December 20, 2017 admin

Can technology free us from technology?

Freedom

I’ve been using Freedom for the last couple of weeks, with interesting results.

Freedom is an app that helps you control distractions by blocking the internet, apps and websites — or any combination of those. You can start a freedom session whenever you like, or schedule a session for the future. It supports recurring sessions too. You have complete control over how long you want sessions to be, and what distractions you want to block.

I started off with a few ‘on the fly’ sessions for an hour and chose the default freedom blocklist (blocks the most common social and news websites). I used the time to write and work on a personal project. Whilst I felt urges to procrastinate on the internet and check twitter, I wasn’t able to. I definitely felt more focused and productive and was able to concentrate for the whole hour.

Co-incidentally, I also noticed this tweet from Neil Strauss recently:

I’ve no idea how accurate this is, but it feels pretty accurate. I felt the last 30 – 40 mins of the hour session was better work. I managed to build some momentum and get in the flow. My guess is, a focused hour is probably more productive than an entire morning with distractions.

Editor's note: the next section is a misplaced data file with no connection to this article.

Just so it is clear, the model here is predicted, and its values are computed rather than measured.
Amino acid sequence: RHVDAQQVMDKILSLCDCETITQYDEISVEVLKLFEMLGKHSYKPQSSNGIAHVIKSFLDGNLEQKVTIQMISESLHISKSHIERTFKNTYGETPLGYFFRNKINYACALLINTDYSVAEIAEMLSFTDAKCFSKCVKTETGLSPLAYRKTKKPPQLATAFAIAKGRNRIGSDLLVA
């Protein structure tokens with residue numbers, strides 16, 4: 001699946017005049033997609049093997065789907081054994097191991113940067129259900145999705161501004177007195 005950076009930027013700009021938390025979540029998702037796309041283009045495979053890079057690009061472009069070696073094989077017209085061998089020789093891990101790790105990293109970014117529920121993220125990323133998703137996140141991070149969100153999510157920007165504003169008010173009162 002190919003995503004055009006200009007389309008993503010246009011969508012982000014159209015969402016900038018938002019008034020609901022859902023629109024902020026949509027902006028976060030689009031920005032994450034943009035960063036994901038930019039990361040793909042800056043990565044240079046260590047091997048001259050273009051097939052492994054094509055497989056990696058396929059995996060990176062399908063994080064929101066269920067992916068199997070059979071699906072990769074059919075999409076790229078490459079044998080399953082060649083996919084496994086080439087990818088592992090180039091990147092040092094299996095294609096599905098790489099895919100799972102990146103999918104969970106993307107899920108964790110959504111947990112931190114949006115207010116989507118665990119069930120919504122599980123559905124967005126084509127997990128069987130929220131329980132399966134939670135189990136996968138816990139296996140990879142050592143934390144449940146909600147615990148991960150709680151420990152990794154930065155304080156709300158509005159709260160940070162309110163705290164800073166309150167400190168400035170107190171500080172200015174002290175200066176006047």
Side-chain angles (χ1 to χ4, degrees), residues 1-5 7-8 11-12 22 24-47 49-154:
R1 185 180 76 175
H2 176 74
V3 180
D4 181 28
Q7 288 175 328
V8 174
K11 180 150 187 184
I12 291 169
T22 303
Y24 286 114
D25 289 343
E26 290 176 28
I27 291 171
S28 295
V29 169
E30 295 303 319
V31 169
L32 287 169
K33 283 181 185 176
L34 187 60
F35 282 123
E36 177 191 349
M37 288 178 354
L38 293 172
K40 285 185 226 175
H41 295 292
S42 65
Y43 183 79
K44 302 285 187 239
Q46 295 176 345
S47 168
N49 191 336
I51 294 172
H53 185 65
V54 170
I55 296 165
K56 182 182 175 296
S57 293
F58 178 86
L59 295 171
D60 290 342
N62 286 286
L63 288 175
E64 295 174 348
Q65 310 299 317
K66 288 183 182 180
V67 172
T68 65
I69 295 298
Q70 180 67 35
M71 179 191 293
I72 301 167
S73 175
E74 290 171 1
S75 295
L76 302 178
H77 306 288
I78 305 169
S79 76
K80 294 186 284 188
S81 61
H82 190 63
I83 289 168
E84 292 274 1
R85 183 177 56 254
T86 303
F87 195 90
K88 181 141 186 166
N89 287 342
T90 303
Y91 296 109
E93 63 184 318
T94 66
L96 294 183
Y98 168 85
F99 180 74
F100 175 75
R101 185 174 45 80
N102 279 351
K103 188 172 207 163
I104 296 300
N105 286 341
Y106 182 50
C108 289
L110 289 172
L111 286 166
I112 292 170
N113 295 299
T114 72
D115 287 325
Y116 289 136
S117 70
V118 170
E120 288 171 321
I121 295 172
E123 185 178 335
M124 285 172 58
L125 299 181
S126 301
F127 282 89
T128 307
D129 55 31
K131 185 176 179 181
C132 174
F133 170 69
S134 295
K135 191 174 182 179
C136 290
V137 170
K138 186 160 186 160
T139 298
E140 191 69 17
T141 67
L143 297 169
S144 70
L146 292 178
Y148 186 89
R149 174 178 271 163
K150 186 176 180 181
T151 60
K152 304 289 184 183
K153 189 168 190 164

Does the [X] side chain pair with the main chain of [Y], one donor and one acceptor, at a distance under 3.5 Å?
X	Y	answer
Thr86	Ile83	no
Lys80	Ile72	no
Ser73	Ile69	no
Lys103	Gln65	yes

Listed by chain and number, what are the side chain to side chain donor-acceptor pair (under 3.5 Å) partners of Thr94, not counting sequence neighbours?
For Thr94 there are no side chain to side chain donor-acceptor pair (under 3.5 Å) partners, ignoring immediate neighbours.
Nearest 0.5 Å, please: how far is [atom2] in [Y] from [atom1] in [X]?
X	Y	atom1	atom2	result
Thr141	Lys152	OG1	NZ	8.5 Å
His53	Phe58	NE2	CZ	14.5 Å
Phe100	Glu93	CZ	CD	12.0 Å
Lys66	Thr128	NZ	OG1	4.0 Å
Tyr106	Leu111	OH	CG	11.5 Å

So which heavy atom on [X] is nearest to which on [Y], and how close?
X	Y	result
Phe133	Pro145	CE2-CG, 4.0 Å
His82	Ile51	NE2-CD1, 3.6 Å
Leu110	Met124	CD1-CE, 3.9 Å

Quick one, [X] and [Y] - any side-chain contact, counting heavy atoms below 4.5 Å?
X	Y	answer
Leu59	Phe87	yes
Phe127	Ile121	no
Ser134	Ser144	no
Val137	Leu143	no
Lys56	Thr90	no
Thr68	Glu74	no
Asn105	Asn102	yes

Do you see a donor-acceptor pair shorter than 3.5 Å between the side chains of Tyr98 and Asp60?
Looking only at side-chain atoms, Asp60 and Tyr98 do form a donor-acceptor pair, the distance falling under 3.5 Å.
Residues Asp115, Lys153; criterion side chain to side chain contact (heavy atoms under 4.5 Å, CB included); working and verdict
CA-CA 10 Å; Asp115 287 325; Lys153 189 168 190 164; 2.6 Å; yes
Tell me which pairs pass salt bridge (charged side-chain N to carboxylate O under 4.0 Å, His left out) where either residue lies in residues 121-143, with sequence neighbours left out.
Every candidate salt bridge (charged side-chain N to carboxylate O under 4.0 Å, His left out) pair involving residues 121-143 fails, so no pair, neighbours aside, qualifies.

As I mentioned in Two years without a smartphone, I’ve found myself using my laptop to replace some of the addictive behaviour I used to do on a smartphone. So, for the last few days, I’ve been working to the following 3 recurring freedom sessions:

  • 8:30 am – 1:30 pm
  • 2:30 pm – 7:00 pm
  • 7:30 pm – 8:00 am

During the above times, I use a tweaked version of the default freedom blocklist (a few extra added). That means for 22 hours a day, I’m unable to freely access the internet. I only get 2 hours of completely free access.

I’ve noticed three things so far:

  • I’ve got more done, because I’m able to get more deeply into a task.
  • I enjoy using the sites that used to distract me, more. Checking twitter twice a day for a total of an 30 mins, is way nicer than checking it 10 times a day, for an average of 3 minutes.
  • I am more present and focused at home.

Of course, both myself and the system are far from perfect. I still need to figure out the optimal way to use freedom. I’ve had to override a session a couple of times for an urgent email or call. Shortly after, I would find myself slipping back into old habits — which were instantly corrected when the next session kicked in.

I’m going to experiment a bit and hopefully settle on the right schedule for me. I also want to test blocking the internet entirely. I’m thinking a scheduled session — probably at the weekend. I’ll report back when I’ve settled on something that works.

If you’re interested in this type of thing, here are a few great reads, along the same lines:

How to write a million words – on a slacker’s schedule (post) — Nate Green

Digital Sabbath (post) — Brad Feld

Deep Work (book) – Cal Newport

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